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Minneapolis cop Derek Chauvin set to appear in court charged with George Floyd's murder

Derek Chauvin will make his first court next week in the death of George Floyd.

He was due to appear in court on Monday but his appearance has now been pushed back by a week.

Chauvin has so far spent the weekend locked in solitary confinement in a heavily fortified Minnesota jail guarded by police marksmen and barbed wire barriers, DailyMail.com can reveal.

SWAT teams armed with rifles and binoculars kept lookout from the rooftop of the Ramsey County Adult Detention Center while a phalanx of Sheriff’s Deputies stood guard behind hastily erected steel fences.

Chauvin was held there Friday through Sunday because of the carnage unfolding outside jail facilities in Minneapolis, where he will make his first appearance at the Hennepin County Courthouse at 1pm Monday.

Derek Chauvin, 44, was arrested Friday on charges of third-degree murder and manslaughter in the death of George Floyd, which has sparked violent protests

Chauvin was on suicide watch at Ramsey County Adult Detention Center

Ramsey County deputies took no chances, sealing off the area with concrete bomb-proof barriers and mounting round the clock patrols in case protesters decided to target the jail in downtown Saint Paul.

But despite demonstrators running amok across large swathes of the Twin Cities, the expected onslaught never happened and authorities were able to quietly transfer Chauvin to downtown Minneapolis Sunday afternoon.

TMZ reported that Chauvin has a camera focused on him all day and and cops check on his cell in person every 15 minutes. 

Such checks said to be common in such a high-profile case. 

It has not been revealed whether the 44-year-old ex-cop, charged with the third-degree murder and second-degree manslaughter of unarmed Floyd by kneeling on his neck for nine agonizing minutes, will appear in person or via video link.

Ramsey County Deputies took no chances, sealing off the area with concrete bomb-proof barriers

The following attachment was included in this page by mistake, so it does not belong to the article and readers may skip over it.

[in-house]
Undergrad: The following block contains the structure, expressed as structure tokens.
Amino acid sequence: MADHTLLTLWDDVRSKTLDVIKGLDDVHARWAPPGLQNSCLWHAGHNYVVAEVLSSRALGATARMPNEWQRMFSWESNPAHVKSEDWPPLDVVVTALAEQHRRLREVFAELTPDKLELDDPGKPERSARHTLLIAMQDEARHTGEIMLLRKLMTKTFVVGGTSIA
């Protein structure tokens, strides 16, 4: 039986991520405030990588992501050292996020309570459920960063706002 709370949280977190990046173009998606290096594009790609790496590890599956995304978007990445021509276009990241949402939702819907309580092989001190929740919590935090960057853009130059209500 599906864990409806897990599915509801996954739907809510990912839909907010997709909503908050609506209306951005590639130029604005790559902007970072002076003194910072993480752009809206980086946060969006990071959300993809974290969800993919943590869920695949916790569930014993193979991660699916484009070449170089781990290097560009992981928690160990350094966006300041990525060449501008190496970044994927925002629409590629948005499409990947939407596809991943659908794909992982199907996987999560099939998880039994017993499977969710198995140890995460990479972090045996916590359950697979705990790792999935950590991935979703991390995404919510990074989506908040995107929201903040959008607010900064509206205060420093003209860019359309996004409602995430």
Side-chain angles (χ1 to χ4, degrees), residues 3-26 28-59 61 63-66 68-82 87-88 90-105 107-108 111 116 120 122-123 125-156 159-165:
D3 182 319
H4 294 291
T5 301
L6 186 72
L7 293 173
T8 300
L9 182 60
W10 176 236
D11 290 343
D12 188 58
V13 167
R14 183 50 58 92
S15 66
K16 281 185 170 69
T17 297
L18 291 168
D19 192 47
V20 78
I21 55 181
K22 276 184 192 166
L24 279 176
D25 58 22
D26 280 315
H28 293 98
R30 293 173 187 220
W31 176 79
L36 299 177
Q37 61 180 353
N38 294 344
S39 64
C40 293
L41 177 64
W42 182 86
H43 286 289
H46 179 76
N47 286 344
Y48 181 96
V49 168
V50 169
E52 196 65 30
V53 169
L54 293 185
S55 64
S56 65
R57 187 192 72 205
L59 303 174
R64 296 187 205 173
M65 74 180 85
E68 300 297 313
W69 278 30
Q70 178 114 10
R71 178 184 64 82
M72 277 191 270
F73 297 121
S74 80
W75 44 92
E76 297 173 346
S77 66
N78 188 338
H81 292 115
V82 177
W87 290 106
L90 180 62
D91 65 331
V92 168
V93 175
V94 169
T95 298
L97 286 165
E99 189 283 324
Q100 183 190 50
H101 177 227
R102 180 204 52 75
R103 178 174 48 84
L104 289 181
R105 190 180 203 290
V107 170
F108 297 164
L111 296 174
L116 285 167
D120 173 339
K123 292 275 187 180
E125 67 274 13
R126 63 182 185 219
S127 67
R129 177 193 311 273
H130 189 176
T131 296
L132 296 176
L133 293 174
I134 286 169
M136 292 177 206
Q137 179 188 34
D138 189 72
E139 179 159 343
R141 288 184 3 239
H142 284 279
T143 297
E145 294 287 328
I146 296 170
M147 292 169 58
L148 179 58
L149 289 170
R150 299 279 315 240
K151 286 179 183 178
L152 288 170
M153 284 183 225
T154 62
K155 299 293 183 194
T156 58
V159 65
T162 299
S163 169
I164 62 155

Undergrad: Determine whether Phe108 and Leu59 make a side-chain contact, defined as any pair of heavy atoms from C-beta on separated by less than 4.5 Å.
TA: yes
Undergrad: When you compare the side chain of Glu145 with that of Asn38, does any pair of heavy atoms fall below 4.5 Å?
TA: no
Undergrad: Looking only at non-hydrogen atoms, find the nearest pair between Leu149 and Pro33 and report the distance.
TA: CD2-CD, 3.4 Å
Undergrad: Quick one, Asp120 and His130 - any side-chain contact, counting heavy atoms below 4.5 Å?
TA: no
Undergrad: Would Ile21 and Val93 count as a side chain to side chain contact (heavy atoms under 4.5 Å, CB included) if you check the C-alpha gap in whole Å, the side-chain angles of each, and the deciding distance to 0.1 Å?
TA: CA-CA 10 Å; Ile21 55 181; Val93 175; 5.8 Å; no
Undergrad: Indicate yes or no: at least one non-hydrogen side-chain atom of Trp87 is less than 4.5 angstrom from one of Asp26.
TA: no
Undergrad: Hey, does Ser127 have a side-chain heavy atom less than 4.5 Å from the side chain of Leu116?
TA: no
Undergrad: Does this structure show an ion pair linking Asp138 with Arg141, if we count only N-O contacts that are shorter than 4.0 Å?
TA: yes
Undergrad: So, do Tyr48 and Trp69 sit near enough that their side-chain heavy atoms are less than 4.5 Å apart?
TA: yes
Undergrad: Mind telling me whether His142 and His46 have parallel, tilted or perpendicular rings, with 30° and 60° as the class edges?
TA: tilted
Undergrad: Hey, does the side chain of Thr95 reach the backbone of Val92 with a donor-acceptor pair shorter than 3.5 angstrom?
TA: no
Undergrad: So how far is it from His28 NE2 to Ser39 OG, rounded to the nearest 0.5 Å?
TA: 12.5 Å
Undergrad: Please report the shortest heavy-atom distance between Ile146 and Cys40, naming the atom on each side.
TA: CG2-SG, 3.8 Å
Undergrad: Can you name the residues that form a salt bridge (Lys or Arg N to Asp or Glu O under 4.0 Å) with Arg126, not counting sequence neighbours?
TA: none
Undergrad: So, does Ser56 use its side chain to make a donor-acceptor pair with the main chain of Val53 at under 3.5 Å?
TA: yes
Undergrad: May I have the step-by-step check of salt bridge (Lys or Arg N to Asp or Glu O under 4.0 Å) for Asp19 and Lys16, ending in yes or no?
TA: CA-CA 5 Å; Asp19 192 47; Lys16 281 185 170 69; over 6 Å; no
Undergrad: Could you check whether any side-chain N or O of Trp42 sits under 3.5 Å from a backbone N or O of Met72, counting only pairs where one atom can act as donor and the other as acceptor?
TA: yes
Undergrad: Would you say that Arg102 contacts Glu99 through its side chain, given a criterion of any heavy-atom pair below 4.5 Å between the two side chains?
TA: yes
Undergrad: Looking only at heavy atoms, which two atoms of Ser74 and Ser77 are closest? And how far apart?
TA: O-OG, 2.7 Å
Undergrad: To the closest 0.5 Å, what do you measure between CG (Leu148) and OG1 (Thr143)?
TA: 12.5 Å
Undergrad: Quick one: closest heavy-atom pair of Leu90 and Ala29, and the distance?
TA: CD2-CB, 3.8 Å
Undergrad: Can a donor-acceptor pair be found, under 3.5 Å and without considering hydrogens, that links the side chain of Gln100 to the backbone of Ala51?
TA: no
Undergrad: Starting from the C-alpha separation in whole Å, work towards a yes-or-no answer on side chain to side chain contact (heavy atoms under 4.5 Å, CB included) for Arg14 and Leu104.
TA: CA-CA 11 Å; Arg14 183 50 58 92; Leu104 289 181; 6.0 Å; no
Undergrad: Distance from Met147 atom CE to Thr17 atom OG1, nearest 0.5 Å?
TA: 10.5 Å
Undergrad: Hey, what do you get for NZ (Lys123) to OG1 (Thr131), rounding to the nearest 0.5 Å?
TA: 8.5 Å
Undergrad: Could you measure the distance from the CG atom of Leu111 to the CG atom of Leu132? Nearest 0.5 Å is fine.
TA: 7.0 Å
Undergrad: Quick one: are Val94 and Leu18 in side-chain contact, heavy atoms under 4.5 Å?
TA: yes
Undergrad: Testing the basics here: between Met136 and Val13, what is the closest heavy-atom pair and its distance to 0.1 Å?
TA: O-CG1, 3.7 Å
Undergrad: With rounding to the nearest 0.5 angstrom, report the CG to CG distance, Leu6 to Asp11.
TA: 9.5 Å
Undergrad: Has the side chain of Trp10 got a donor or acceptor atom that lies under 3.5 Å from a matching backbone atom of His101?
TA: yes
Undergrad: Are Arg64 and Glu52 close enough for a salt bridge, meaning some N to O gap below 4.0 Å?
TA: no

Concrete barriers and barbed wire fences were erected hastily

Hennepin County has two facilities for adult inmates within Minneapolis but authorities have not released specifics about where he is being housed, stating only that Chauvin is at a ‘public safety facility’.

The disgraced former lawman is yet to post the $50,000 bond needed to get out of jail after bail was set Friday at $500,000.

He has two properties, one in the leafy Oakdale suburb of Saint Paul, the other in Windermere, Florida, worth that amount combined.

However DailyMail.com understands the homes are jointly owned by his beauty pageant winner wife Kellie, 45, who would likely resist any attempt to use them as surety after vowing Friday to divorce her husband of ten years.

SWAT teams armed with rifles and binoculars kept lookout from the rooftop of the Ramsey County Adult Detention Center

The Minnesota jail was guarded by police marksmen and barbed wire barriers 

The jail was provided with external barriers in order to provide additional protection

Kellie Chauvin released a statement on behalf of her and her family:  'She is devastated by Mr. Floyd's death and her utmost sympathy lies with his family, with his loved ones and with everyone who is grieving this tragedy,' it read. 

On Sunday, Minnesotta Attorney General Keith Ellison says he expects Chauvin to face additional charges.